Many individuals who abuse oxy also abuse benzos or alcohol to further their high. This combination can be hazardous, leading to respiratory depression and death. Others combine OxyContin, a brand of oxycodone, with stimulants such as amphetamines, cocaine, or meth. This combination of drugs can cause a heart attack or stroke.
Common effects of long-term oxycodone use include:
Loss of friends and family
Marital problems, often ending in divorce
Loss of job or expulsion from school
Infectious diseases like HIV
While prescription opiates are among the most abused, the U.S. Department of Justice estimates that over 13 million Americans have used oxycodone for recreational purposes.
Around 20% of the American adult population (those 12 and older) has abused a prescription medication at least once, the National Institute on Drug Abuse estimates.
About 75% of those who abuse opioids do so with either oxycodone or hydrocodone, and almost 45% of that group prefers oxycodone, publishes the National Council on Alcoholism and Drug Dependence.
About 9% of all adults in the U.S. have or will abuse opioid narcotics in their lives.
When you quit oxycodone, your brain will attempt to rebalance itself, and withdrawal symptoms occur depending on your length, frequency, and amount of oxycodone used.
Behavioral symptoms include:
Multiple doctor visits
Borrowing or stealing pills
Constantly losing prescriptions
Neglecting all responsibilities
Engaging in risky behaviors
Physical symptoms include:
Track marks on arms and legs
Nausea and vomiting
Cognitive symptoms include:
Psychosocial symptoms include:
Withdrawal usually starts within 8-12 hours and peaks at 72 hours of last use. Withdrawal symptoms begin depending on the formulation and method oxycodone was taken. Immediate-release formats have a half-life of 3-4 hours, while extended-release is around 12 hours. Injecting, snorting, or smoking oxycodone sends the drug more rapidly into the bloodstream, where it is active for a shorter period, as opposed to an oral route.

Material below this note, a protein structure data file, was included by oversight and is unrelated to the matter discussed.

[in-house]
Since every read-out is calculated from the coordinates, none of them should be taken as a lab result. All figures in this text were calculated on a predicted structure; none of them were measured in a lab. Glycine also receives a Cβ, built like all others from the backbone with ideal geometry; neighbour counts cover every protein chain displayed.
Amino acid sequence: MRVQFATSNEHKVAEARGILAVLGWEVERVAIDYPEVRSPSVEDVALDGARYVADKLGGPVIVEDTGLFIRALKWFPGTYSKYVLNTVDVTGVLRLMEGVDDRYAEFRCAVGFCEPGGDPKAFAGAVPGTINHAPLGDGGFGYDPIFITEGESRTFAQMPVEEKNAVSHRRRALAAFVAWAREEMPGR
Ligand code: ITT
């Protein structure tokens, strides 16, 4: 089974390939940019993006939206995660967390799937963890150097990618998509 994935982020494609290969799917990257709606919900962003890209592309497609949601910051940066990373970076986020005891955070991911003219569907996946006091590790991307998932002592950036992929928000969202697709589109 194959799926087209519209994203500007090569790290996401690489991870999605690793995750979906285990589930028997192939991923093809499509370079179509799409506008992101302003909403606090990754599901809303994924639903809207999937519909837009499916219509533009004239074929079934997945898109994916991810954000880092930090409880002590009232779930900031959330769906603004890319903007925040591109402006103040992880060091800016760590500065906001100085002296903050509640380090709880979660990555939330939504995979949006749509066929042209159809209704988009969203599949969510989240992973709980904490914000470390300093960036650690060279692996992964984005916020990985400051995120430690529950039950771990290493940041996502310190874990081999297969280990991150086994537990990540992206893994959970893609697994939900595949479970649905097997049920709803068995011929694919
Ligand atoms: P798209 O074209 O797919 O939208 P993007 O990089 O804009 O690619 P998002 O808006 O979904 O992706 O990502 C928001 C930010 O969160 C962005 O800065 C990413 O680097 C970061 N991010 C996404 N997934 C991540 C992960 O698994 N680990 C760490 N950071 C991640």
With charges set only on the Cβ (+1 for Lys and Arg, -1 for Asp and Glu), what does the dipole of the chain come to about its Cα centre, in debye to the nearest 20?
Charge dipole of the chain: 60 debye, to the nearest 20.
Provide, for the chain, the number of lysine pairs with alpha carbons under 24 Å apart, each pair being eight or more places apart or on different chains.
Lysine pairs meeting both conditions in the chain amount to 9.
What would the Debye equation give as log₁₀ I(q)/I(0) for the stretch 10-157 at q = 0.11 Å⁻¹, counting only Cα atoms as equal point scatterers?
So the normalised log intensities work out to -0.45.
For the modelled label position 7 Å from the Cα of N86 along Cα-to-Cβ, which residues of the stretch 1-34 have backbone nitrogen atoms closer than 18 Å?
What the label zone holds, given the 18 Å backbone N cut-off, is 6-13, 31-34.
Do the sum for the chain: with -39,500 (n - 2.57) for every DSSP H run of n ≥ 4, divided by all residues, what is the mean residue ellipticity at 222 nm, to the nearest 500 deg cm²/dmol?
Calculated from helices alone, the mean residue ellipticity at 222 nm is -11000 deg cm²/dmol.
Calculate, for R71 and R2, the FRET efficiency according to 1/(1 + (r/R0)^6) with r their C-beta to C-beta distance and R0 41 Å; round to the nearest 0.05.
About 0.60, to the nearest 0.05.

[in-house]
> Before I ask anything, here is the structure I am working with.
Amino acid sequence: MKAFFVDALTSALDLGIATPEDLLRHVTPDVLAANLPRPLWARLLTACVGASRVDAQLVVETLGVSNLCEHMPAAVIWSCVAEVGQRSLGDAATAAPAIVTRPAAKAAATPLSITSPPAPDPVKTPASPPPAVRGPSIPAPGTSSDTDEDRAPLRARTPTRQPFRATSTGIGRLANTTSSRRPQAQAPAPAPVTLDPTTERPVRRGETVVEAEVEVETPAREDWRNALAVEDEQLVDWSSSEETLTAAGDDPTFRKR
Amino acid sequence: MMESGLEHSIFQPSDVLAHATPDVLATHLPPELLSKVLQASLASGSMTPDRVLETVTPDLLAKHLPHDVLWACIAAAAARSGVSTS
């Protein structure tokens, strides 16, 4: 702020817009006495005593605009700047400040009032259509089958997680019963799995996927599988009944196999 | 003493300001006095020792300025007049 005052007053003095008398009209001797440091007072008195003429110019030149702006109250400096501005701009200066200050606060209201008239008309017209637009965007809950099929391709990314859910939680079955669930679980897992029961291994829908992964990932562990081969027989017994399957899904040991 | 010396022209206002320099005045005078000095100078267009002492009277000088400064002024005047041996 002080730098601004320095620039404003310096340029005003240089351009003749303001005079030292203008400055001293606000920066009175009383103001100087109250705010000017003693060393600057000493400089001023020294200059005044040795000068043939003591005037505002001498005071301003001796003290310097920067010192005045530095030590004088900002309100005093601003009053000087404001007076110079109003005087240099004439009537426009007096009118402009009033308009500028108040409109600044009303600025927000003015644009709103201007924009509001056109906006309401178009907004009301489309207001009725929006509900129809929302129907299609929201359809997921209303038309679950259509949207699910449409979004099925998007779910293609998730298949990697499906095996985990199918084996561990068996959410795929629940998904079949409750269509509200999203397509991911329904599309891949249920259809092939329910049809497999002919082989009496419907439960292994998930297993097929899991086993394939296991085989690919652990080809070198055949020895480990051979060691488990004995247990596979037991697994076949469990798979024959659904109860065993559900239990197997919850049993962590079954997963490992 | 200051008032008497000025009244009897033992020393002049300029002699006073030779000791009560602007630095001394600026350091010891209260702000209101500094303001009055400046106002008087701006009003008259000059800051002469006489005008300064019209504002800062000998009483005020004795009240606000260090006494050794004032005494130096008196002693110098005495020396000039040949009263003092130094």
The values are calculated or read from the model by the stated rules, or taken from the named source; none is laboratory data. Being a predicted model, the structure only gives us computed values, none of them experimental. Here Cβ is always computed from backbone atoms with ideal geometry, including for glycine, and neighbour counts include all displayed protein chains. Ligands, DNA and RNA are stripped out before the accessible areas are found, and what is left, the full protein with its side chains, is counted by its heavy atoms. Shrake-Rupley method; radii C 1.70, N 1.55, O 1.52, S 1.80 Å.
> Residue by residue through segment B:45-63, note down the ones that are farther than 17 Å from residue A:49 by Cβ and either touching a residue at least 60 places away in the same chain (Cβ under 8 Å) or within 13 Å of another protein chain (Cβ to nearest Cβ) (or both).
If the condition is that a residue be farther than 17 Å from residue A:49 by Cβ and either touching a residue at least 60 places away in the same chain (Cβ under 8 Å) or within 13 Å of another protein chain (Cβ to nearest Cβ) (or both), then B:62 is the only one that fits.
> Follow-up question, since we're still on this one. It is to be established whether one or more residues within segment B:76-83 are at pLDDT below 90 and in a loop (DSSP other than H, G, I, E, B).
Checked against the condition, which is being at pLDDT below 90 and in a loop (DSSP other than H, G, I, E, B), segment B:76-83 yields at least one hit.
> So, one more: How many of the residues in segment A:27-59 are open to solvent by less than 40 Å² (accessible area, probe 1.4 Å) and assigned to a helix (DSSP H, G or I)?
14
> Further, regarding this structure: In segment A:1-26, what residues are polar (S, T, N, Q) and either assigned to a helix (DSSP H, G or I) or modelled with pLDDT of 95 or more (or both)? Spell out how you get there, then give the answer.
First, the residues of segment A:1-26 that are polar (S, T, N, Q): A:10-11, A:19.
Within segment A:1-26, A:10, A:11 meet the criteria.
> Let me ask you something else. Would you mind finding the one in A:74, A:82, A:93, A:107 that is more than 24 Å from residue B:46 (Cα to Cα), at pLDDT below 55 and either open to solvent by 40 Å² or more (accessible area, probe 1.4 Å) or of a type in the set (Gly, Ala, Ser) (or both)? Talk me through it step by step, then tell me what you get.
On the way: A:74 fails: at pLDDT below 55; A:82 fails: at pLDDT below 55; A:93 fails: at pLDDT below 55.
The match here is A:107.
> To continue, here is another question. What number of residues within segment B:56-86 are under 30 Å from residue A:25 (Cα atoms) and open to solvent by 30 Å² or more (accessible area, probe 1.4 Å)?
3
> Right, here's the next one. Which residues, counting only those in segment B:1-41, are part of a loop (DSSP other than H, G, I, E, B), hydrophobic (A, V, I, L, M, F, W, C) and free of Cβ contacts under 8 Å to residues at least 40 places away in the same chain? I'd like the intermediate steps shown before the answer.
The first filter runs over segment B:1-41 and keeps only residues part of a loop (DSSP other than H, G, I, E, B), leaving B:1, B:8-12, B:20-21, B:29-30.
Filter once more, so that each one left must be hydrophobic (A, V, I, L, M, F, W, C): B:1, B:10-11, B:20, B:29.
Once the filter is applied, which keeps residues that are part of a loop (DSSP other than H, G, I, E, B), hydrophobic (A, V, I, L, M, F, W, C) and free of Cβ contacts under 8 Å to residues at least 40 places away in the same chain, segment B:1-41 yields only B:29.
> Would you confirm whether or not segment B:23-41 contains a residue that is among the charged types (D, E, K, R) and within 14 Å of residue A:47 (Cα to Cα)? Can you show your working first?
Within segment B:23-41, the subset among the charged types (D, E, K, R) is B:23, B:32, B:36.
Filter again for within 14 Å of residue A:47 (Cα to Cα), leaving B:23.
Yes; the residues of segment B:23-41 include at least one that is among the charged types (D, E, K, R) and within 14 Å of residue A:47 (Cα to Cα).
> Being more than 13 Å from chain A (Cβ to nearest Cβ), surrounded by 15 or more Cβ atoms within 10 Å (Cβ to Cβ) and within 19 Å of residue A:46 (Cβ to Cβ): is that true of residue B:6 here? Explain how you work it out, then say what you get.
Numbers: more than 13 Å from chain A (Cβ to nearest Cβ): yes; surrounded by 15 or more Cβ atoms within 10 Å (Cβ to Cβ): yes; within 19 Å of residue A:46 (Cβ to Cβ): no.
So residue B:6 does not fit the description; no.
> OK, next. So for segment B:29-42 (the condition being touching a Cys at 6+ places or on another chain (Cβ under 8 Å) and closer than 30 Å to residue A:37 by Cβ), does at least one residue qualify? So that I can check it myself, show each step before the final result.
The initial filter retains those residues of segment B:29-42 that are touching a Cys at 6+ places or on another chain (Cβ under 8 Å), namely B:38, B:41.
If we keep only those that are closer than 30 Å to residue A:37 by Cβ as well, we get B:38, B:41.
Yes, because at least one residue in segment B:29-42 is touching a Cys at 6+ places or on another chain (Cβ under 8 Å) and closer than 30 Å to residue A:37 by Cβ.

Oxycodone withdrawal symptoms last about a week and include:
Thoughts of suicide
Inability to concentrate
High blood pressure
Dangerous complications can arise, so opioid withdrawal should be supervised closely at a medically monitored, short-term residential facility like Restored Path Detox.
Relapse after detox can increase the risk of a potentially life-threatening overdose. At our medically monitored Restored Path Detox, we help support you while the drug is removed entirely from your body. We use FDA-approved medications for opioid withdrawal to reduce symptoms and cravings.
One of these medications, Buprenorphine, is a partial opioid agonist. It remains active in the bloodstream longer and does not produce the same euphoric effects as oxycodone. Another medication, Naloxone, is added to buprenorphine products like Zubsolv and Suboxone to block opioid receptors from receiving any more opioid drugs. These medications can help manage withdrawal symptoms and set you on a path to recovery while in our program.
Naltrexone is another opioid antagonist in pill form (Depade and ReVia) or longer-acting injectable format (Vivitrol). These drugs reduce potential relapse by acting as opioid deterrents after your discharge.
Call to begin your journey to wellness today.
We will work alongside you to provide the most comprehensive and individualized, medically-monitored oxycodone detox program available.